For a full copy of the letter click here.

Photo is from Tarsandsaction via Wikimedia

Hans Blix: Shift to thorium, minimize weapons risk

Posted by Mark Halper on October 29th, 2013

Hans Blix CERN THEC13

Thorium on his mind. Hans Blix says it’s time for the nuclear industry to move away from uranium.

GENEVA – Hans Blix, the disarmament advocate who famously found no weapons of mass destruction in Iraq a decade ago, said today that thorium fuel could help reduce the risk of weapons proliferation from nuclear reactors.

Addressing the Thorium Energy Conference 2013 here, Blix said that nuclear power operators should move away from their time-honoured practice of using uranium fuel with its links to potential nuclear weapons fabrication via both the uranium enrichment process and uranium’s plutonium waste.

“Even though designers and operators are by no means at the end of the uranium road, it is desirable today, I am convinced, that the designers and the others use their skill and imagination to explore and test other avenues as well,” Blix said.

“The propeller plane that served us long and still serves us gave way to the jet plane that now dominates,” said the former United Nations chief weapons inspector who also ran the International Atomic Energy Agency from 1981 to 1997. “Diesel engines have migrated from their traditional home in trucks to a growing number of cars and cars with electric engines are now entering the market. Nuclear power should also not be stuck in one box.”

Blix rattled off a list of thorium’s advantages, noting that “thorium fuel gives rise to waste that is smaller in volume, less toxic and much less long lived than the wastes that result from uranium fuel.” Another bonus: thorium is three to four times more plentiful than uranium, he noted.

“The civilian nuclear community must do what it can to help reduce the risk that more nuclear weapons are made from uranium or plutonium,” Blix said. “Although it is enrichment plants and plutonium producing installations rather than power reactors that are key concerns, this community, this nuclear community, can and should use its considerable brain power to design reactors that can be easily safeguarded and fuel and supply organizations that do not lend themselves to proliferation. I think in these regards the thorium community may have very important contributions to make.”

Blix described the obstacles that are in the way of a shift to thorium and other nuclear alternatives as “political” rather than “technical.”

Not everyone agrees that thorium is a proliferation cure for the nuclear power industry. Even some supporters of thorium note that thorium fuel cycles yield elements such as uranium 233 that groups could use to make a bomb if they were able to get a hold of it.

The lively discussions surrounding these and other thorium issues will continue tomorrow at the conference, which is taking place at CERN, the international physics laboratory. Earlier at the gathering today, conventional nuclear giant Areva announced a thorium collaboration with Belgian chemical company Solvay. Yesterday, Nobel prize-winning physicist Carlo Rubbia lauded thorium for its “absolute pre-eminence” over uranium.

Photo of Hans Blix by Mark Halper

Areva strikes thorium development deal with chemical giant Solvay

Posted by Mark Halper on October 29th, 2013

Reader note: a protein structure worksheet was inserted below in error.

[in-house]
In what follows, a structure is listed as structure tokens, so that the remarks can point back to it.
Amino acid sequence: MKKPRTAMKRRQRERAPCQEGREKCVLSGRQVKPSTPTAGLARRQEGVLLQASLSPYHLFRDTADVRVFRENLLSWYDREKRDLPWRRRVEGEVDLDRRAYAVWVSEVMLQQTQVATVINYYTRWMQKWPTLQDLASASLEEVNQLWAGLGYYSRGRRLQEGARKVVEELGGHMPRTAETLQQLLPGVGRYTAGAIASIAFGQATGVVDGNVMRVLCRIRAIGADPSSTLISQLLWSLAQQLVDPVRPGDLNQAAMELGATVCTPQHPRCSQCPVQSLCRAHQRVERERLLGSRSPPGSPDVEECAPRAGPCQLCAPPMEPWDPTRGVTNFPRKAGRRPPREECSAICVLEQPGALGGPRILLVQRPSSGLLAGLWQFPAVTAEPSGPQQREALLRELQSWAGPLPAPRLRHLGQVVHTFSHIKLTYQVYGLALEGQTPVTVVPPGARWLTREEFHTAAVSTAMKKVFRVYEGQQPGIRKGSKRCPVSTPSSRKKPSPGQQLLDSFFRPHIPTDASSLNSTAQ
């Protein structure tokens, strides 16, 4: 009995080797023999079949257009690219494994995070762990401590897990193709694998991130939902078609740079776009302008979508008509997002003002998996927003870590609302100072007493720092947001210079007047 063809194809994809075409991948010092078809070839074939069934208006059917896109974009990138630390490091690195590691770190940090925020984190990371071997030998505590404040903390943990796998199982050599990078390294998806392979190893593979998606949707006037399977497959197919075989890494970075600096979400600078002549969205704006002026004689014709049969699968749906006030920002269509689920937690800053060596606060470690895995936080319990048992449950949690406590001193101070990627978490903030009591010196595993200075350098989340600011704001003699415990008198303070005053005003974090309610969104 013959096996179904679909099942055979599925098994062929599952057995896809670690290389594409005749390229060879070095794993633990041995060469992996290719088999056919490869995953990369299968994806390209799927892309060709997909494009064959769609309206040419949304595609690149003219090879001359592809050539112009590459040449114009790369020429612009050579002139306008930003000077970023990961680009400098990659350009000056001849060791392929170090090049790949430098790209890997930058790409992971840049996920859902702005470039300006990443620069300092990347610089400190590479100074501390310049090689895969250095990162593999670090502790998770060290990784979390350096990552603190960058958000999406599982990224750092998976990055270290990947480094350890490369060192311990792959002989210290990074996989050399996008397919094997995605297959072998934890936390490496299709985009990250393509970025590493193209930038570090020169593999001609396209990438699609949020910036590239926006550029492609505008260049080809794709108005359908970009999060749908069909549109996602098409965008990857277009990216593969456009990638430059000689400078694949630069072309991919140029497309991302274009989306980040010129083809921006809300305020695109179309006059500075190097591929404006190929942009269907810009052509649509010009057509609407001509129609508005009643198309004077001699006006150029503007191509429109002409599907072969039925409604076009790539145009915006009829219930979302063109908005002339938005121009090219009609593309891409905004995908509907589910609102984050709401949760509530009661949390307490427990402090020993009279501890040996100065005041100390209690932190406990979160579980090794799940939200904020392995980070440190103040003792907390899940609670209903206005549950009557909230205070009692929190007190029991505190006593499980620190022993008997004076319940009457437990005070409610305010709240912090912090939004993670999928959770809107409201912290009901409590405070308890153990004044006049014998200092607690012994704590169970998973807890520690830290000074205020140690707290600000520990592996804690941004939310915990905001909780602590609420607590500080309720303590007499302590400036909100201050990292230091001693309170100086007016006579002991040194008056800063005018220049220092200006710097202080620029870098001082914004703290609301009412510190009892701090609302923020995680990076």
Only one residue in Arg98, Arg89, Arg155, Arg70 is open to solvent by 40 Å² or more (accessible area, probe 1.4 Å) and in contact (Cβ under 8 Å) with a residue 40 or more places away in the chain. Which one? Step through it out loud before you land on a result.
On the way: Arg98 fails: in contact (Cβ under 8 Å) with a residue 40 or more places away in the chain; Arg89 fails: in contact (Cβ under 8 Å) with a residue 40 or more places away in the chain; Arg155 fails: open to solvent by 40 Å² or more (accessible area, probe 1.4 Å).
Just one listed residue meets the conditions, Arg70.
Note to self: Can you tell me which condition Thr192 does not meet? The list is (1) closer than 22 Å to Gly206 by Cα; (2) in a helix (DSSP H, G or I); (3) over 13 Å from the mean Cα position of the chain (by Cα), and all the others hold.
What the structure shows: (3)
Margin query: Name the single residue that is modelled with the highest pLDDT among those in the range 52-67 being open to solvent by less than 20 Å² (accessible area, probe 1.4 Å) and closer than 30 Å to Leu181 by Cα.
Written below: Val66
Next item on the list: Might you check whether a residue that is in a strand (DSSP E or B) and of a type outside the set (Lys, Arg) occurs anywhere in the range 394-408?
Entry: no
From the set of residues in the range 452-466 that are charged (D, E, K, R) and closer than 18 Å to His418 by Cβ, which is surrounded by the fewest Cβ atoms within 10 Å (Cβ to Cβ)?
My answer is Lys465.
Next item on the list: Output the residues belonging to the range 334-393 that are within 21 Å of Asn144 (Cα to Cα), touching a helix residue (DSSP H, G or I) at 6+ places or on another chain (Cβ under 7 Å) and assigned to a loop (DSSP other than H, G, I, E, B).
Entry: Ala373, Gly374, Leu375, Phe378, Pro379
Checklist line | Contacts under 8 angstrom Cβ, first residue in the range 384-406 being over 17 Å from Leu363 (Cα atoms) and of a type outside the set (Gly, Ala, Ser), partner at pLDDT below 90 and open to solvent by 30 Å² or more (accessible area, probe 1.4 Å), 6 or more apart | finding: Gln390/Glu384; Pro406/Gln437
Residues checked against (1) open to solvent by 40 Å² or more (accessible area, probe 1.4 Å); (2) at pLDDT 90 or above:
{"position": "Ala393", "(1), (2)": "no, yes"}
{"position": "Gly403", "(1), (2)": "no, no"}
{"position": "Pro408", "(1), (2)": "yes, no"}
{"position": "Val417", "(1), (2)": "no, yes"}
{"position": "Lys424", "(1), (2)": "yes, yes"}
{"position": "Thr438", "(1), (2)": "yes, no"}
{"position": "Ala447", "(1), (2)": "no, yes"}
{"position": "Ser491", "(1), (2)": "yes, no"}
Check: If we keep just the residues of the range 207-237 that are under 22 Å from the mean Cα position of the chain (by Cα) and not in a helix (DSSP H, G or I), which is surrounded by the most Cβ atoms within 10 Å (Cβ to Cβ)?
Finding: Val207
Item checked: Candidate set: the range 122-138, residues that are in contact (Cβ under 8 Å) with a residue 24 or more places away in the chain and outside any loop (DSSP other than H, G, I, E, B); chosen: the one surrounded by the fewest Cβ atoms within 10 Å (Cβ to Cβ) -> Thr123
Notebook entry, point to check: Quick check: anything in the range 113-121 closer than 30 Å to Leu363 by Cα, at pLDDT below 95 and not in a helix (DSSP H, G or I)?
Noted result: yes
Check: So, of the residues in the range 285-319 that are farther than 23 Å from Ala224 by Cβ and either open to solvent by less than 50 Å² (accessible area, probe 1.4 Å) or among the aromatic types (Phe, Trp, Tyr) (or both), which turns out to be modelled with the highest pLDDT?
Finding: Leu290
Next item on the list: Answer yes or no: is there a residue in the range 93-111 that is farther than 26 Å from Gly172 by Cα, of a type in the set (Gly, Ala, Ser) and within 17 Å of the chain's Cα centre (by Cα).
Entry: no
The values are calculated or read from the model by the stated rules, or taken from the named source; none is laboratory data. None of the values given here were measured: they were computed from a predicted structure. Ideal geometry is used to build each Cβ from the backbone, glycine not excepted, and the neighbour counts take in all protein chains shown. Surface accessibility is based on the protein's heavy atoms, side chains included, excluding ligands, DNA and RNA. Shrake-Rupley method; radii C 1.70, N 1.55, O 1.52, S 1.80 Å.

Areva LucVanDenDurpel CERN THEC13

If he were to look over his shoulder, Areva’s Luc Van Den Durpel would see the word “thorium.” With the metal gaining attention as an alternative to uranium fuel, Areva is now stepping up thorium research.

GENEVA – French nuclear giant Areva, a stalwart of the conventional uranium-driven large reactor industry, today announced it is collaborating with €12.8 billion Belgian chemical company Solvay to research the possibilities of deploying thorium as a reactor fuel.

“Solvay and Areva have made an agreement to have a joint R&D program working on the whole set of thorium valorization (validation),” Areva vice president Luc Van Den Durpel said in a presentation at the Thorium Energy Conference 2013 at the CERN physics laboratory here.

Van Den Durpel said the effort would cover “the overall worldwide development related to thorium, both in the nuclear energy field and in the rare earth market.”

Thorium, a mildly radioactive element that supporters believe trumps uranium as a plentiful, safe, effective, weapons-resistant fuel – Noble laureate physicist Carlo Rubbia yesterday referred to its “absolute pre-eminence” over uranium – comes from minerals that also contain rare earth metals vital the to the global economy. Solvay’s business includes rare earth processing, which can leave thorium as a “waste” product that’s subject to strict and costly storage regulations. Companies that have to hold on to thorium would like to find a market for it.

Ven Den Durpel said Areva and Solvay will investigate “resolving the thorium residue issues arising from certain rare earth processing in the past and now.”

As a possible nuclear fuel, he acknowledged that thorium offers advantages such as reducing waste and proliferation risks. “It’s not the devil – you could call it sexy because it’s not plutonium and that why it’s attractive,” he said in reference to uranium’s notorious waste product. He also noted that thorium’s high melting point provides operational advantages.

But the Areva executive, who heads strategic analysis and technology prospects in corporate R&D, said that any chance of Areva using thorium in a reactor is a long way off.

“We would like to demystify thorium,” he said, noting that its benefits are often overstated and hyped, and that it has issues including the management of radioactive isotopes of protactinium and uranium involved in the thorium fuel cycle.